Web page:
If you want to see the State & Capitol Daily Brief in your email inbox every weekday, click here. — Christopher Cousins
Keeping kids fed
Senate Minority Leader Justin Alfond, a Democrat from Portland, has carved out childhood hunger as one of his major initiatives this session. In January, an Alfond-led bipartisan Task Force to End Student Hunger in Maine released a lengthy report on the issue that included several recommendations. The task force was created by the previous legislative session, when Alfond was the president of the Senate.
The panel recommended bolstering school breakfast and lunch programs by ensuring that every student who qualifies registers for both. The panel also recommends expansion of after-school, summer and community meals programs within 5 years.
Last year, Alfond found himself in the middle of a veto fight over his bill to expand summer food programs in Maine, but it showed that there are a number of lawmakers who support his goals. The bill was vetoed by LePage, who called it an unfunded mandate, but the veto was overridden.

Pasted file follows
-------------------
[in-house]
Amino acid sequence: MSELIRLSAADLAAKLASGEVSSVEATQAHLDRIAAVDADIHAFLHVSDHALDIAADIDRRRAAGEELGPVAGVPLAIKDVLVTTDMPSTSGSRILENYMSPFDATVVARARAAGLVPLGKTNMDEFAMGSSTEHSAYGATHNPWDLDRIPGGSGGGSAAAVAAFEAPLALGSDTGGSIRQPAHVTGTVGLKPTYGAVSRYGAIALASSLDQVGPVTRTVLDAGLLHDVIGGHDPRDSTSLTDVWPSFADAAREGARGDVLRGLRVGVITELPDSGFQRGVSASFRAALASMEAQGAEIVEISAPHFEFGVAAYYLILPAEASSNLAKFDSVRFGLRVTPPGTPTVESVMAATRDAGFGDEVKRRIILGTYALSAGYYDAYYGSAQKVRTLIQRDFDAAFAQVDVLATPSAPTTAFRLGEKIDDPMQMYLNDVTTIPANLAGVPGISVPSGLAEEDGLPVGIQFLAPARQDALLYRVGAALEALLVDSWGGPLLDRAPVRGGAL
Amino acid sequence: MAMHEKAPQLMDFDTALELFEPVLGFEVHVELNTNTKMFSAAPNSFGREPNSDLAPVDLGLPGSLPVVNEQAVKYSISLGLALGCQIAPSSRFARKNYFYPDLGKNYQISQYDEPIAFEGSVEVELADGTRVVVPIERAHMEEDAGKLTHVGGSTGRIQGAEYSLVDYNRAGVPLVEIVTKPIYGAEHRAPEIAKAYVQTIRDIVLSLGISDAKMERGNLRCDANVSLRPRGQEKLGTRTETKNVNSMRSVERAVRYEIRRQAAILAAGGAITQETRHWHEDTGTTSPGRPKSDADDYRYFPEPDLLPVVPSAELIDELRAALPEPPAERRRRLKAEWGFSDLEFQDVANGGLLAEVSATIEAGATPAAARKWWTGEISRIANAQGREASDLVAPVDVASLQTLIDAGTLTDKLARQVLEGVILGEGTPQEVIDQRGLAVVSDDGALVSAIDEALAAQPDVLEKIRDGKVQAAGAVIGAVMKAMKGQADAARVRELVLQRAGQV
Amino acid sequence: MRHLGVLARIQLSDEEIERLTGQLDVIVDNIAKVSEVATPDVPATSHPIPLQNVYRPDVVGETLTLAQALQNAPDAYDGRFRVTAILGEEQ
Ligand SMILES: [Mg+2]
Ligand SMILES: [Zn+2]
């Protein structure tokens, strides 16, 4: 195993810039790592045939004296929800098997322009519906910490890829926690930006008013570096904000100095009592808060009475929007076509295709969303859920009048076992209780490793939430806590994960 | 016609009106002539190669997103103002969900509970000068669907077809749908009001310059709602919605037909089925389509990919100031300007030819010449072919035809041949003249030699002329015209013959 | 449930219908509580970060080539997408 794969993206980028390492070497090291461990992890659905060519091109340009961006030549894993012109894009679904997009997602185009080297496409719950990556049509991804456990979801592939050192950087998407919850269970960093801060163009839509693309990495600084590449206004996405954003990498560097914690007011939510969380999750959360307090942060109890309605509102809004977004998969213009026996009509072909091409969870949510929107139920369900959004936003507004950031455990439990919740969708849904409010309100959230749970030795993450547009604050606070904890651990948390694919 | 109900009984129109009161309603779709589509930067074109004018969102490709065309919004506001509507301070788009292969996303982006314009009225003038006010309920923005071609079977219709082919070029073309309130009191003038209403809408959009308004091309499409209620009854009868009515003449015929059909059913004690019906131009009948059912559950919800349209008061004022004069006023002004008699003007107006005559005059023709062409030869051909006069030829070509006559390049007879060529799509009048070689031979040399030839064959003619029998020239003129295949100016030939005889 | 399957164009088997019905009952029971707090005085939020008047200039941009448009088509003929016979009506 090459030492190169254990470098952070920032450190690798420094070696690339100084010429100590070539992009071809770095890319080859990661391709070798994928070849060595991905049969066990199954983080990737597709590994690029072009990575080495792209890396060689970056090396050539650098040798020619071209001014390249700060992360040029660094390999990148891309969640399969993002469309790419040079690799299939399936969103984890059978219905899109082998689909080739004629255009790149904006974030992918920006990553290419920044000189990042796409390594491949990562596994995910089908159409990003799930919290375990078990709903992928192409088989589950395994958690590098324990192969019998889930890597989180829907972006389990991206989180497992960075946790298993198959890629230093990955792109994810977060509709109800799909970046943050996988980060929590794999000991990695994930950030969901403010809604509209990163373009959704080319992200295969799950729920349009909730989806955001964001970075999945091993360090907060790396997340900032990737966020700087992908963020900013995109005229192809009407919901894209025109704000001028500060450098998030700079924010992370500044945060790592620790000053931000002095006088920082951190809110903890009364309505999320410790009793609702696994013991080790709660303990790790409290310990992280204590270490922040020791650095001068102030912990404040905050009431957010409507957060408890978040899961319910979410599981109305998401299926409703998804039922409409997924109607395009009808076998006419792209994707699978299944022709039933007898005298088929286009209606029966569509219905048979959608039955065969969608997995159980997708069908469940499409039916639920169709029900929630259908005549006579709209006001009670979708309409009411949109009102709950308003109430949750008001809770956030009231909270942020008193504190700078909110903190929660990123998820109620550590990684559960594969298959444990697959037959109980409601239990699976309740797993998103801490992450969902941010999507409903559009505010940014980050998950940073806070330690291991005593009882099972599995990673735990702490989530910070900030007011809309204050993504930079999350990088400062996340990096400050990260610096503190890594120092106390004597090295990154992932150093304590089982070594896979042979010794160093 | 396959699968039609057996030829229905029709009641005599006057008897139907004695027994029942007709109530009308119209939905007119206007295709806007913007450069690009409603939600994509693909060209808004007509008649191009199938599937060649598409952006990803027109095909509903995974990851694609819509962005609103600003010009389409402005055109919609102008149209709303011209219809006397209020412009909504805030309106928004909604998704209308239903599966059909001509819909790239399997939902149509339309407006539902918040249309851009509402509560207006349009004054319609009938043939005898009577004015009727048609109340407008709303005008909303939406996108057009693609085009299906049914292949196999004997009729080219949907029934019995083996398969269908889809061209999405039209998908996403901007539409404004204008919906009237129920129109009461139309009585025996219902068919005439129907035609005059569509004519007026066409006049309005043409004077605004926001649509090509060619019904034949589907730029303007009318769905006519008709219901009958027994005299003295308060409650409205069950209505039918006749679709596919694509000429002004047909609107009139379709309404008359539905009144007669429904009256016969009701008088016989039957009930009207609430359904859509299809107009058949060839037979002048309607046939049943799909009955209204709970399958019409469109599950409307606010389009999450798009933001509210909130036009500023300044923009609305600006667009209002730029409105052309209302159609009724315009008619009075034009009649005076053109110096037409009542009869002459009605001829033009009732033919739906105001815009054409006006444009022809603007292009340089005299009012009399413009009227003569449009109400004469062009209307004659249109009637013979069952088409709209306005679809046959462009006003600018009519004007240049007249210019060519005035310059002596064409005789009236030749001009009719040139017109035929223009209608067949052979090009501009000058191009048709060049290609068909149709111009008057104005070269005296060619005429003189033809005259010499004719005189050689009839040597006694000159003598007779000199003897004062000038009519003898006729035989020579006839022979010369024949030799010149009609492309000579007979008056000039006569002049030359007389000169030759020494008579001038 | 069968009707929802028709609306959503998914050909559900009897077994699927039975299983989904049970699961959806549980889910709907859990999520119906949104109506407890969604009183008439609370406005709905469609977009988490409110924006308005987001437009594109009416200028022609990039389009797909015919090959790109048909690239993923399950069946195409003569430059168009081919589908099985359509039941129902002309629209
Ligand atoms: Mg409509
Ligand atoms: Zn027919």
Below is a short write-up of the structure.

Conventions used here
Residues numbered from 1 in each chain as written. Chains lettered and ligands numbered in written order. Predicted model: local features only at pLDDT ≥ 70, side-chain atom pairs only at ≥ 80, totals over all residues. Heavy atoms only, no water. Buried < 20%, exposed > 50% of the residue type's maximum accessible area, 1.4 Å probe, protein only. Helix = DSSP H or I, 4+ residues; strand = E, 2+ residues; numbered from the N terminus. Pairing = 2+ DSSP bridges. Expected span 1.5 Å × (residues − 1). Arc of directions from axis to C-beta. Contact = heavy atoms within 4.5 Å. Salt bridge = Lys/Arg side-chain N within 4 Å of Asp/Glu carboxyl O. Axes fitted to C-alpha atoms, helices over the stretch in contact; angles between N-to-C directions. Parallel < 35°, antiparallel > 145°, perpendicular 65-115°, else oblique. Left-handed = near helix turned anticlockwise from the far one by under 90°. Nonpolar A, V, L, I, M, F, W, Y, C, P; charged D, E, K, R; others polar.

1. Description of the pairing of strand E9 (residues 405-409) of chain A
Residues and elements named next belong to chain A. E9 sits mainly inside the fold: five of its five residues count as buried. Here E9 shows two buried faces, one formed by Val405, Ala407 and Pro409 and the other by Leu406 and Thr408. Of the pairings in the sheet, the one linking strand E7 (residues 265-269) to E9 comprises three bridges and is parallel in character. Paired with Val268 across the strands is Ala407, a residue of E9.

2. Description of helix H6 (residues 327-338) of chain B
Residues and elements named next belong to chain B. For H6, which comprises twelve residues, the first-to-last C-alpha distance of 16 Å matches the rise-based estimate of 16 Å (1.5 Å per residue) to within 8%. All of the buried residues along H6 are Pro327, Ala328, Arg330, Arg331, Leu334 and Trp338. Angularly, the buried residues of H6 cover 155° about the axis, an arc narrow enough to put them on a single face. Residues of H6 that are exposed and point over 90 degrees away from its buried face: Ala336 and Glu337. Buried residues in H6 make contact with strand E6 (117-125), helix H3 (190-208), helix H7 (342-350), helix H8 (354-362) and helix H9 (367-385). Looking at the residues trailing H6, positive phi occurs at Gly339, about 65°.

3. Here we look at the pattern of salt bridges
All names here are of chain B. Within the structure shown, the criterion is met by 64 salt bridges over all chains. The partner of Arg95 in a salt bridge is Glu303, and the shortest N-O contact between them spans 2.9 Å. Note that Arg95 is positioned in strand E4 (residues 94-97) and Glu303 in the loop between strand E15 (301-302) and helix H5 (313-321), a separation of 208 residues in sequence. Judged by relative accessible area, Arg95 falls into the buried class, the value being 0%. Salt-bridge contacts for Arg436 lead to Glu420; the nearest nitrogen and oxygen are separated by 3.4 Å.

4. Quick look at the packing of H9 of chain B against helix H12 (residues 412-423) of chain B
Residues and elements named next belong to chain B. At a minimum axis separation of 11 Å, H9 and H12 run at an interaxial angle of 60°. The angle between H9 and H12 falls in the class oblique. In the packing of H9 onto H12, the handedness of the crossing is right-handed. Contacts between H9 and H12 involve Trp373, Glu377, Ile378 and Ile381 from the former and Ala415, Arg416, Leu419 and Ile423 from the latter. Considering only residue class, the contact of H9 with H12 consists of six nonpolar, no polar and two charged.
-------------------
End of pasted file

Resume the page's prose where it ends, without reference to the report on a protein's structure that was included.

It is estimated that there are some 86,000 school-aged children in Maine who go hungry on a daily basis. A full 46 percent of children qualify for free and reduced-price meals, which makes Maine first in New England and third in the United States for food insecurity. — Christopher Cousins
Augusta courthouse opens today
The new Augusta courthouse is open for business as of this morning. For regulars in Augusta, it might seem as if the courthouse has been open longer than your average felony jail sentence. The building, located at 1 Court St. in Augusta, will house approximately 85 court staff and consolidate superior court, district court, family court and other functions.
The building, completed for about $58 million since August 2012, includes seven courtrooms. Renovations on the “old” Kennebec County Courthouse, located next door to the new, are scheduled to begin this summer. — Christopher Cousins
The NFL needs a lobbyist?
Yes, apparently. And an expensive one.
The Hill reports that the NFL has hired an operative named Nicole Gustafson, who has a history of working for the GOP, as its “chief Republican lobbyist,” according to an article in Slate.